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New stats show historic plunge of Canada-U.S. travel amid pandemic restrictions


Newly released statistics illustrate the spectacular plunge in cross-border movement last week after Canada and the United States agreed to limit non-essential movement.

The effect of the pandemic restrictions: an 82 per cent drop in border-crossings from the U.S. into Canada by land, and a 96 per cent plunge in arrivals on U.S. flights.

Those were the figures released Tuesday night by the Canada Border Services Agency (CBSA), showing travel for the week of March 23-29 compared to the same week a year earlier.

While commercial travel is still broadly permitted, it has nonetheless been walloped by the broader COVID-19 crisis; the CBSA figures show a 24 per cent drop in truck drivers entering Canada compared to the same week in 2019. 

The statistics highlight the pandemic-induced effect on the economy and society.

Amid the mounting case numbers, the Canadian government placed border restrictions on foreign nationals on March 16 and then, in conjunction with the U.S., suspended non-essential travel along the border on March 21.

The numbers extend beyond U.S. travel.

The CBSA said the volume of international air travellers into Canada was also down 92 per cent compared to the same week a year ago, while commercial air traffic sustained less damage, declining 16 per cent globally.

The language of the Canada-U.S. agreement allowing some travel is a bit vague.

It says permanent residents, students, military, cargo and essential workers can cross the border. But it also cites medical purposes as an example of essential travel — without elaborating further.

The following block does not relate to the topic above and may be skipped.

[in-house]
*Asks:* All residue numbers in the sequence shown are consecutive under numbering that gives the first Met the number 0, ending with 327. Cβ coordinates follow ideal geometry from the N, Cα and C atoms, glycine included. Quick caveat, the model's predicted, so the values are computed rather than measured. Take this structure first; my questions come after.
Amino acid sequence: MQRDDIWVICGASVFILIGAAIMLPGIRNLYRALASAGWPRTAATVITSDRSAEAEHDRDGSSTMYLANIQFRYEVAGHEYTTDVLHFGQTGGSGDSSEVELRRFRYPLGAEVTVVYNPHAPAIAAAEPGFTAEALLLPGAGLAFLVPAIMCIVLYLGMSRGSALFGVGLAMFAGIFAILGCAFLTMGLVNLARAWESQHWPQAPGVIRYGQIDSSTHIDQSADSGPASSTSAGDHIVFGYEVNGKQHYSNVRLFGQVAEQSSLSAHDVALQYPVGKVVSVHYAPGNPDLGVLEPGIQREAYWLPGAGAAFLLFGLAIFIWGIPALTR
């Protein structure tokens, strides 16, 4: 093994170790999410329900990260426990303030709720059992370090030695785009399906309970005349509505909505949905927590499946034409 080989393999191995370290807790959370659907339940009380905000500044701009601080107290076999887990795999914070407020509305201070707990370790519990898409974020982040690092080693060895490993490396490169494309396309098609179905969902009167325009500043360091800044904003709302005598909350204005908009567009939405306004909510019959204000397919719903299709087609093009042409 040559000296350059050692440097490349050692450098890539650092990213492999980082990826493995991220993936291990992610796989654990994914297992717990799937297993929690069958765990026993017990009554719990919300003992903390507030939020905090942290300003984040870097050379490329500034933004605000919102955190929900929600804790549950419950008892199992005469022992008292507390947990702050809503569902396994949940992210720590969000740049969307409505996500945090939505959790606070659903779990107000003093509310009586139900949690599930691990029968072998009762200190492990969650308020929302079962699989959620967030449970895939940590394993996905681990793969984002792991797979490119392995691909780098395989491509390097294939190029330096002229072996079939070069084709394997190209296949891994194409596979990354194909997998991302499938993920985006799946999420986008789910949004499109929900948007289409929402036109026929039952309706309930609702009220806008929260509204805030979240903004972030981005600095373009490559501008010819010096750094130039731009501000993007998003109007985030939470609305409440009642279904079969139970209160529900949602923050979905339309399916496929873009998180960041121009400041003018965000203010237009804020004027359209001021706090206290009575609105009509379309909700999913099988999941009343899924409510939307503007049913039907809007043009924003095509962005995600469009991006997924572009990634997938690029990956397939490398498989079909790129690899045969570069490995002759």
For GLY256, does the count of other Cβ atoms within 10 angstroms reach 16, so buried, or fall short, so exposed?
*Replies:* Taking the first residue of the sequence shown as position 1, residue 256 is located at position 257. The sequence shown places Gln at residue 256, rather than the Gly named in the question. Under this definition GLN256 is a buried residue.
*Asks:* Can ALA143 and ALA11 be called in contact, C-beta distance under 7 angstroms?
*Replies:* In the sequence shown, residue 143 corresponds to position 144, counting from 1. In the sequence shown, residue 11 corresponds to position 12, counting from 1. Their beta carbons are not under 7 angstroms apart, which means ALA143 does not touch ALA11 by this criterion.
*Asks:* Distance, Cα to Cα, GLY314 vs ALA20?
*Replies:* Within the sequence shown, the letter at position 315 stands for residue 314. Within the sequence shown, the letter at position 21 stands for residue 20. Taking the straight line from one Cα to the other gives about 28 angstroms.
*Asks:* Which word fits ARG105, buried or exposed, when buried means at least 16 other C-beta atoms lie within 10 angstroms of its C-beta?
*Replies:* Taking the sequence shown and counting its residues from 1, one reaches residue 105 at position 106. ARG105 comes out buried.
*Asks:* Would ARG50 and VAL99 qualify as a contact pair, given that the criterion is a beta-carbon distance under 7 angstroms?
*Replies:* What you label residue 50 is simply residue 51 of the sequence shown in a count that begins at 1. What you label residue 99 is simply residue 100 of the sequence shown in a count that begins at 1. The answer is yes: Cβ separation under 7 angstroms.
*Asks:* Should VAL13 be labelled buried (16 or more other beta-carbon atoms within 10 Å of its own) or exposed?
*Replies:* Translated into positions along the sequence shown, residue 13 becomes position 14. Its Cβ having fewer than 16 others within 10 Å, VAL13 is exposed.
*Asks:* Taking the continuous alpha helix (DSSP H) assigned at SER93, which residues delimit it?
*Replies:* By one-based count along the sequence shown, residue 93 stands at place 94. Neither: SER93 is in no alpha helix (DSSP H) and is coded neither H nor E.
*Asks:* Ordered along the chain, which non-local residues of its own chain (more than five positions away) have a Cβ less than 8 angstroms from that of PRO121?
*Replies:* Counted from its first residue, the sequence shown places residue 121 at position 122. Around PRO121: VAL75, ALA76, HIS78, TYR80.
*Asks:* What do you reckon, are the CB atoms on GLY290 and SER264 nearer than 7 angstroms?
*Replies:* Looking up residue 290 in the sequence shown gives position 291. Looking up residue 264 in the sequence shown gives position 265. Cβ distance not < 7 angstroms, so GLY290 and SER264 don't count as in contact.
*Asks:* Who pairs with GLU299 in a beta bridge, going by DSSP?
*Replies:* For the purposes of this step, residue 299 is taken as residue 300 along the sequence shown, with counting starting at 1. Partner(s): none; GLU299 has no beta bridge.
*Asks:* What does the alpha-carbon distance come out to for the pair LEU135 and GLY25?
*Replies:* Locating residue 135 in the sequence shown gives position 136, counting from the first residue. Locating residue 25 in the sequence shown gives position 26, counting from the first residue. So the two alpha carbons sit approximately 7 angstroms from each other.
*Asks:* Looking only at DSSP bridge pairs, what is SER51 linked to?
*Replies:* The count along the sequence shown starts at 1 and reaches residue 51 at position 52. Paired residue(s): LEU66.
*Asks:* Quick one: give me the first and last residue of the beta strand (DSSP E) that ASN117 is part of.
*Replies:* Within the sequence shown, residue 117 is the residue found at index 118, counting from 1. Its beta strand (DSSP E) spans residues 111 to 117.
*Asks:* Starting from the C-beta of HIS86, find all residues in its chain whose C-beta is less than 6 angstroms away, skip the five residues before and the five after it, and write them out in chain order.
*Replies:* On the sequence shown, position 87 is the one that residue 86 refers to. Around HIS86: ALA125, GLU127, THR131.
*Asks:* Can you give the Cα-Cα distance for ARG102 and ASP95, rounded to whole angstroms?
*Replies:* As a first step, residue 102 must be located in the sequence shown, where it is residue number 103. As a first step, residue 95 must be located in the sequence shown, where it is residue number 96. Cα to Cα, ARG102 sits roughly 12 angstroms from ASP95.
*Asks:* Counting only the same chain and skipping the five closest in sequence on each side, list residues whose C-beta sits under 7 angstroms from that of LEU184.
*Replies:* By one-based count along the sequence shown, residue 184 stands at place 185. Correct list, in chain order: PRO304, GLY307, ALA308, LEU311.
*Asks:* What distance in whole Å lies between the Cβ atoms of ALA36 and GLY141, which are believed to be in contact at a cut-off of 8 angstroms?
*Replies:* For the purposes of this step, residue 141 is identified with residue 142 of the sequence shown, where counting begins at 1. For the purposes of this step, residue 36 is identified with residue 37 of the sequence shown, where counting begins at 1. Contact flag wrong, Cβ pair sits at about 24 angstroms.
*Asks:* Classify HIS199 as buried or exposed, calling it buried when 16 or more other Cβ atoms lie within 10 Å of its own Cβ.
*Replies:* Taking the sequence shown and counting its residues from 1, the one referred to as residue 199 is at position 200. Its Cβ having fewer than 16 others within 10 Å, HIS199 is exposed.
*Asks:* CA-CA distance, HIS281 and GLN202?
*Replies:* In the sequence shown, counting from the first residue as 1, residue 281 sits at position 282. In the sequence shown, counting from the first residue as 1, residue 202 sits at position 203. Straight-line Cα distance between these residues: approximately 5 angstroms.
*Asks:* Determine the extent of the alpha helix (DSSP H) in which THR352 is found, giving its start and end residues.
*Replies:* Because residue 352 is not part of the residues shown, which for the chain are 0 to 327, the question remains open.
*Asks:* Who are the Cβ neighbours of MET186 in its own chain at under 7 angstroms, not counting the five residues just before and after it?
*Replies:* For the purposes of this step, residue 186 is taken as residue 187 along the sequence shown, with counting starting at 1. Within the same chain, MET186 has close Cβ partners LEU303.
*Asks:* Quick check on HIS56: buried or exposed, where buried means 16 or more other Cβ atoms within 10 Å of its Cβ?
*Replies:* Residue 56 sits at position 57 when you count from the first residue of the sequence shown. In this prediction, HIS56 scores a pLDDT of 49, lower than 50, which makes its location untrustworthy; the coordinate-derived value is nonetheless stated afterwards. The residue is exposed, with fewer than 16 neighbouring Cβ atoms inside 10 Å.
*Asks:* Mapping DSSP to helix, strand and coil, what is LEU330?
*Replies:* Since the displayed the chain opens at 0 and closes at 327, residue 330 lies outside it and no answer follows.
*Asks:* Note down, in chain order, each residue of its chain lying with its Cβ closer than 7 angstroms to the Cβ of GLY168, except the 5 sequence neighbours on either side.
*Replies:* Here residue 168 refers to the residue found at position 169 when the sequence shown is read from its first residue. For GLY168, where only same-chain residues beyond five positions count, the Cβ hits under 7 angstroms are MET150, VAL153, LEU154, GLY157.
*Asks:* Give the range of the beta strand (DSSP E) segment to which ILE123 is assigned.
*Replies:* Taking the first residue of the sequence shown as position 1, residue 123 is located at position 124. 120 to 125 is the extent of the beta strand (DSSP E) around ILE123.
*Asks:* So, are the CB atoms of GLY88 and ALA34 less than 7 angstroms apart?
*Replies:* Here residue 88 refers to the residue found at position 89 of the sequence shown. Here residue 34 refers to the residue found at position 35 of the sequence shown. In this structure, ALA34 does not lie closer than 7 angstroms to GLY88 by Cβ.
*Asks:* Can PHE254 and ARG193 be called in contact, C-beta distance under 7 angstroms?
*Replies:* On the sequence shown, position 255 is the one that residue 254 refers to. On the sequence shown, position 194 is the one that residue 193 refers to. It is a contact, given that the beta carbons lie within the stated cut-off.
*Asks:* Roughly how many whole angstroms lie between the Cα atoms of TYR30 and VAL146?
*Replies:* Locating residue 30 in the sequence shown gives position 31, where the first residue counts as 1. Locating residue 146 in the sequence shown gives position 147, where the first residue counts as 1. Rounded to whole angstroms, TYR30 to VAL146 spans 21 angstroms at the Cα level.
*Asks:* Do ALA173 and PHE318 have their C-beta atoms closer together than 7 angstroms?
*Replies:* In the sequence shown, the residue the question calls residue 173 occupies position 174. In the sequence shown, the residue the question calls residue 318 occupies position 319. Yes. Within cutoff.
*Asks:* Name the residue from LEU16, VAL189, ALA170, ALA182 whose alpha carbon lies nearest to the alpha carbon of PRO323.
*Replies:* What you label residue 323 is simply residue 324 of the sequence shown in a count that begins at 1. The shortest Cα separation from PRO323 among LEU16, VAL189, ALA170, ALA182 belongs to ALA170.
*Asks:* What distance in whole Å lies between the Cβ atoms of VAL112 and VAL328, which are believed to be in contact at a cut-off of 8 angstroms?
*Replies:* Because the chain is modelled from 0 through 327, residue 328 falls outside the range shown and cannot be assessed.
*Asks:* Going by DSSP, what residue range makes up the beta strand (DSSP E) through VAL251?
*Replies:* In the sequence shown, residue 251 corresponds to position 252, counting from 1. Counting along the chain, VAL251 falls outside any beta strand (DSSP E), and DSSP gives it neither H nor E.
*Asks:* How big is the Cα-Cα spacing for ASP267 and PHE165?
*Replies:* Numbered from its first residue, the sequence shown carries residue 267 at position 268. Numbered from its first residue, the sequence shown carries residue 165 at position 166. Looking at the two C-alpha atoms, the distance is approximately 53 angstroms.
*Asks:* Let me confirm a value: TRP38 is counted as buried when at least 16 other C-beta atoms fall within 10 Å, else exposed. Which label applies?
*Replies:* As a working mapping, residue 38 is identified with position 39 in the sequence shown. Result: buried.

A Canadian immigration lawyer who works with commercial travellers, Andrea Vaitzner, said cross-border movement has become extremely complicated.

Vaitzner says the rules are applied differently, in different places.

For example, she said U.S. customs officials at one New York border crossing are agreeing to process Canadians who hold TN and L-1 U.S. work visas; at another nearby New York crossing, she said U.S. officials are refusing those visas.

As a result, she’s advising commercial clients to avoid travel if they can. And most people are.

“Fewer and fewer Canadians are travelling to the U.S. for work unless it is to provide an essential service,” said Vaitzner, a lawyer at Norton Rose Fulbright in Montreal.

“Companies that can continue operating [with workers working] remotely are continuing to do so.”  



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